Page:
Saturday, January 30, 2010

Maritime Security Operators

First let me clarify my intent on the title Maritime Security Operators. I am not talking about the Maritime security companies, but the employees that are put either on a merchant vessel, or on an armed escort vessel. Our company receives about 100 unsolicited CV's each month from individuals wanting to work in Maritime security, and every time we submit a proposal for service, the shipping company of course, wants to know the personnel that we use.

It is my opinion, that the nationality of the employee or security personnel is not really that important. What is important, is the background, training and experience of Mar Sec personnel. Most of the CV's we receive are basically the same. The prospective employee comes from a military background and served a tour or two in Iraq or Afghanistan. Performed convoy force protection, VIP protection and the like. What is almost always lacking is sea service, having operated in a maritime domain with enforcement such as Coast Guard, Navy Commando etc.

I think there is a big misunderstanding about these issues, as most think that because someone served in a 'sand box' for a year or two, they automatically qualify to work in maritime security. This notion is absolutely false.

It is of great importance, that personnel placed on vessels have a background serving at sea, and especially in the correct domain. The last thing we need is to place an individual on a 38 meter vessel in the open sea, and they are very sea sick for the entire transit. Sea sickness affects everyone differently, but the smaller the vessel, the more pitch roll and yaw. Therefore, seasickness occurs easier to the unseasoned person.

Another consideration is confinement. I do not mean confinement inside or in small places, however, a vessel, especially smaller escort vessel, can become a very small place in a very short period of time. Personnel must be able to deal with this psychologically, as the smaller the place, the closer you are to others. This can be very difficult for some as the need their 'own space'.

Another aspect that is usually overlooked, is that the maritime world has its own 'culture' and having personnel on board a vessel, that are not seafarers, can be intrusive to that culture. So if you place a group of "Operators" on the vessel that possess any arrogance in respect to their duties, this will not be well received.

Don't get me wrong, combat experienced veterans are an absolute plus, as it is a proven fact that these individuals can handle great amounts of stress and still perform. However, there needs to be a mix in experience that includes operations in a maritime domain, therefore having an understanding of the maritime domain and culture, as well as experienced at sea.

Any merchant shipping company should be concerned with the operators supplied by a maritime security company, and these are the factors that should be taken into consideration.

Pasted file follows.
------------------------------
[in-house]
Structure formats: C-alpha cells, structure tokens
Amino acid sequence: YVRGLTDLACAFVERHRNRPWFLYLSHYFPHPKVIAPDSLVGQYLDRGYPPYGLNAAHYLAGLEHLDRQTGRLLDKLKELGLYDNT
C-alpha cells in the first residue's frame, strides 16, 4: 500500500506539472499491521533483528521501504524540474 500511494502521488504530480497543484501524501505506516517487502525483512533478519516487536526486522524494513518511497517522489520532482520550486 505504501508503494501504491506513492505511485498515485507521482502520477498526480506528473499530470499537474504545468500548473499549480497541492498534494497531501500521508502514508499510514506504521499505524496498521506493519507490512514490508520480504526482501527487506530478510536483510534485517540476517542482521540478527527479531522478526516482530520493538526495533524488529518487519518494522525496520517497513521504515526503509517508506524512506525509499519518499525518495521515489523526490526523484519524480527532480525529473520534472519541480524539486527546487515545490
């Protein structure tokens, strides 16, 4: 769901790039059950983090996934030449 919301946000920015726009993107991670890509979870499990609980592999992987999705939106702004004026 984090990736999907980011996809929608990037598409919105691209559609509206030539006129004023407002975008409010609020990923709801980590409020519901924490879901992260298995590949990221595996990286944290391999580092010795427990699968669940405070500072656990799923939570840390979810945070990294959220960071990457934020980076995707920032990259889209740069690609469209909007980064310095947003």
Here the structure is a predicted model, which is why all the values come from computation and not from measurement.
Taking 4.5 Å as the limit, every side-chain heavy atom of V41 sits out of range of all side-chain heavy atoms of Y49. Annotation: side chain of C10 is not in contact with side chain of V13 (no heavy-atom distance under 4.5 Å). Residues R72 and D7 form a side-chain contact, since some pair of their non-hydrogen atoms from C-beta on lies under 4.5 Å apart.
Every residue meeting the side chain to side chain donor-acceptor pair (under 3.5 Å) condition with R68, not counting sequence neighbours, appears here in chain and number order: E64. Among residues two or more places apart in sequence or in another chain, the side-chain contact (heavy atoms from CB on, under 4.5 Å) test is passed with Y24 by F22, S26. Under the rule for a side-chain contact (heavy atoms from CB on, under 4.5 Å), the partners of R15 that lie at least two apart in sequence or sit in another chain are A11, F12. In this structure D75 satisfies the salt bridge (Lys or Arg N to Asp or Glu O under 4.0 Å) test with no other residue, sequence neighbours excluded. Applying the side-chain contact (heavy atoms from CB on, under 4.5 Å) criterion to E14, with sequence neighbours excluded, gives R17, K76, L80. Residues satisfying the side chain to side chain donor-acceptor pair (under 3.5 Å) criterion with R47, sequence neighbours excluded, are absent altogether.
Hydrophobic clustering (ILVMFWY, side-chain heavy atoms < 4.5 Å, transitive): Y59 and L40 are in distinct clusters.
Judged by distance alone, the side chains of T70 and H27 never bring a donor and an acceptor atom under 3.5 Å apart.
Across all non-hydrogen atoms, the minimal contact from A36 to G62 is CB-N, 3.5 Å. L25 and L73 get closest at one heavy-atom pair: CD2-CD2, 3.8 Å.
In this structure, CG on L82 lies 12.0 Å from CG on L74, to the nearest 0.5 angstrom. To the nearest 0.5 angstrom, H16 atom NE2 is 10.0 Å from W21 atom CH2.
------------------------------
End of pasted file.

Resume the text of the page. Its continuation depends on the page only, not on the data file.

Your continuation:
This is just one mans opinion.

Friday, January 29, 2010

Weather Affects Piracy

the weather seems to have an impact on the activity of piracy in the Gulf of Aden as well as the Indian Ocean. In areas where there is high wind, and even heavy rains, it is more difficult for pirates to operate their smaller vessels. As you can see in the pictures below, the wind in the Gulf of Aden today is fairly consistent at 15 to 20 knots, while the heavy rains are present North and East of the Seychelles.

Sunday, January 24, 2010

Taking Advantage of Piracy

Over the last couple of years there has been talk about security companies taking advantage of piracy to earn the big money from shipping companies. I have to say that unfortunately, this is sometimes the case. However, this deserves a bit more in depth analysis than just calling every operator a "Security Company."

A real security company is one that has its own personnel, methodology, rules of Engagement, professionalism. To put it clearly, a real security company has its OWN capabilities to operate in the maritime domain.

However, there are many companies (and I use the term loosely) that claim to be a security company, and have absolutely no capabilities of their own. These are companies that are using corruption in places like Yemen, to pay off Generals to use their resources to conduct anti piracy escorts and protection. It is obvious to the real security providers as the protection provided is not close to being even adequate given the known piracy high threat areas.

these companies will provide their "security" from about Aden to Nishtun, Yemen (or return) but they can not provide security service beyond the border of Yemen, and certainly not in the Indian Ocean to either India, or to and from South Africa or Singapore.

If they are that limited in their available services, how can they call themselves a maritime security provider? These individuals are nothing more than opportunists, using available corruption in order to profit from maritime piracy.

The real problem with this, is the known active piracy areas are well beyond Yemen borders, and these individuals are profiting from a false sense of security. if they were a true service provider, with proper ethics in the industry, they would not offer such limited services, and of course, not take advantage of corruption to profit.

Any security safeguard should be put into place with decisions made based on proper risk assessments. There is no cookie cutter approach and there is no one assessment that can cover all vessels. In the maritime world, every ship is its own entity on the water and should be treated as such.

When security providers offer a 'catch all' solution, only covering a very limited known high risk area, that is when questions should be asked and the red flag should appear. These are the ones taking advantage of piracy to profit without proper regard to realistic security.